I’ve lived among them, mother. I know what they think about people like us. I know what they’re like, and what they want – and it’s nothing we represent. We’ve had our chance as leaders of society, and lost it.
He can see that the world is changing, but I think the thing that angers and distresses him most about his mother is not her values, or moral code, or political views, but the fact she seems to have as little interest in him as she does in anyone else, and ignores him while administering to the needs of thousands of unknown men, and it’s this which causes the impasse between them.
During his visit Lady Hayley continues her relentless round of meetings, but she keeps the afternoon and evening of his last day free. However, it’s a gesture which comes too late, for he leaves earlier than planned, to meet an Army friend. The two part still unable to understand each other, and Lady Hayley pedals off to a meeting where, as usual, she preaches at her audience, telling them that in war women must be companions, mothers and organisers, and how this involves sacrifice, loss and pain. She stresses the need for solidarity and tells the women she feels ‘so much at one’ them… and once again we find Miss Pollett wondering, and wishing Lady Hayley really means it.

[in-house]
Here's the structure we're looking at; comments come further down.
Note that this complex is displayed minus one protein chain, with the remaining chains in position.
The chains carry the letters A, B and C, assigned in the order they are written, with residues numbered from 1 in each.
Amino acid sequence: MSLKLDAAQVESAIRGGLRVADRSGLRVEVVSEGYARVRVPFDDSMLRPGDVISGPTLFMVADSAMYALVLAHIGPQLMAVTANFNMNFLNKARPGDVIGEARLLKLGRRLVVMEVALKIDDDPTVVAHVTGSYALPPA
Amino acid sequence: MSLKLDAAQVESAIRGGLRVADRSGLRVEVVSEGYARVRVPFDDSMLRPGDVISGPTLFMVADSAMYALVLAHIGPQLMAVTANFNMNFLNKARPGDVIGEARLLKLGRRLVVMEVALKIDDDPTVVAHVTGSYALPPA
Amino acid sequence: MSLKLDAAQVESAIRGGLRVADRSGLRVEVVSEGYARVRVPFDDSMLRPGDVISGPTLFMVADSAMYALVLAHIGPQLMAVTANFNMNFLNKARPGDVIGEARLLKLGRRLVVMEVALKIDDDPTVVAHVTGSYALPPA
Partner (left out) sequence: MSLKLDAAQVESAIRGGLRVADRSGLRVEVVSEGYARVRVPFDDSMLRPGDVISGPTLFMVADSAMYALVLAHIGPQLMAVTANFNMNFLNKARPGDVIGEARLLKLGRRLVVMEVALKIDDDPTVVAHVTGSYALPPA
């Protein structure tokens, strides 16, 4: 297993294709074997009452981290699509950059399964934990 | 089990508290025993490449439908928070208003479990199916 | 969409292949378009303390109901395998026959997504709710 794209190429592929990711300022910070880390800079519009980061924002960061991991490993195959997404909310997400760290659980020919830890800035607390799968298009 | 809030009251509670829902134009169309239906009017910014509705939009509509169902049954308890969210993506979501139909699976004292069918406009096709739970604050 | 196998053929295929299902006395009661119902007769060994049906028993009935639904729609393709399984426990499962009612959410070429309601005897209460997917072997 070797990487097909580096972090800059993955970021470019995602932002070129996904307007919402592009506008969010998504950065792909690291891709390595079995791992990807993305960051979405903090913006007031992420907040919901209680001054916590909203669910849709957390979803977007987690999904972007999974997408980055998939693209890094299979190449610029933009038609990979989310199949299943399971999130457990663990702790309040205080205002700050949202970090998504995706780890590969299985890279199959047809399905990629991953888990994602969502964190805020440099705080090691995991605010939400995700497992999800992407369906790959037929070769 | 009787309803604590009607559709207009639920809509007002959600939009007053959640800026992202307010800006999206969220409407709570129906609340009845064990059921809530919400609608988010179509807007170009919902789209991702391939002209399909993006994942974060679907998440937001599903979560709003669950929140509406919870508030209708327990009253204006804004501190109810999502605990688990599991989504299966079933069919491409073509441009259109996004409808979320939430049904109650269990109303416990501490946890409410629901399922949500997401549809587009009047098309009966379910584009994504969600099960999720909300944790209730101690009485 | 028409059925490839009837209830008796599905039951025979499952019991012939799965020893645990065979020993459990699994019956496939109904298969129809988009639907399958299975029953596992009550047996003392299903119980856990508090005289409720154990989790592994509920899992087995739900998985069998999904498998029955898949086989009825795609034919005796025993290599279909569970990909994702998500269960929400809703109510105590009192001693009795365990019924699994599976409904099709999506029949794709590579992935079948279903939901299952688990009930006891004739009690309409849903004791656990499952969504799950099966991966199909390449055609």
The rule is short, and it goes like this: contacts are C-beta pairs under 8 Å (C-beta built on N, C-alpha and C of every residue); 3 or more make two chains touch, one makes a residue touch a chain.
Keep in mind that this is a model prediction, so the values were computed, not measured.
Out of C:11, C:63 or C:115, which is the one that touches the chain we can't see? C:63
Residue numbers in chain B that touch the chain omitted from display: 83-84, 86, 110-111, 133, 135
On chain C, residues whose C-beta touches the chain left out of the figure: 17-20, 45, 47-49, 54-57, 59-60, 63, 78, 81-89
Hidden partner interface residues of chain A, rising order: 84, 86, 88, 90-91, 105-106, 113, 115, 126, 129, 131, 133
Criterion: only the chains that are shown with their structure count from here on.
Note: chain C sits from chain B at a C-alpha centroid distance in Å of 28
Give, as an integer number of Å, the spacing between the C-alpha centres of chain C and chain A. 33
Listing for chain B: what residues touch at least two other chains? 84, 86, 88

I hadn’t come across Berridge before, but apparently Persephone also publish Tell It To A Stranger, her collection of short stories, and she also wrote nine novels, which were very popular in their day.
Wednesday, by Dorothy Whipple is an old favourite – it’s in The Closed Door, an
anthology of her short stories put together by
Persephone, which I reviewed here
and, should you wonder, I know this post is beginning to sound like a
promotional piece for Persephone, but they do publish some exceedingly good
books, and I do read lots of books published by other companies.
In Wednesday we meet divorced wife Mrs Bulford (she still refers to herself by her married name) paying her monthly visit to her three children, who are already beginning to forget (and, possibly, to resent) her, and are forming allegiances to their new ‘mumsie’, for their father has remarried.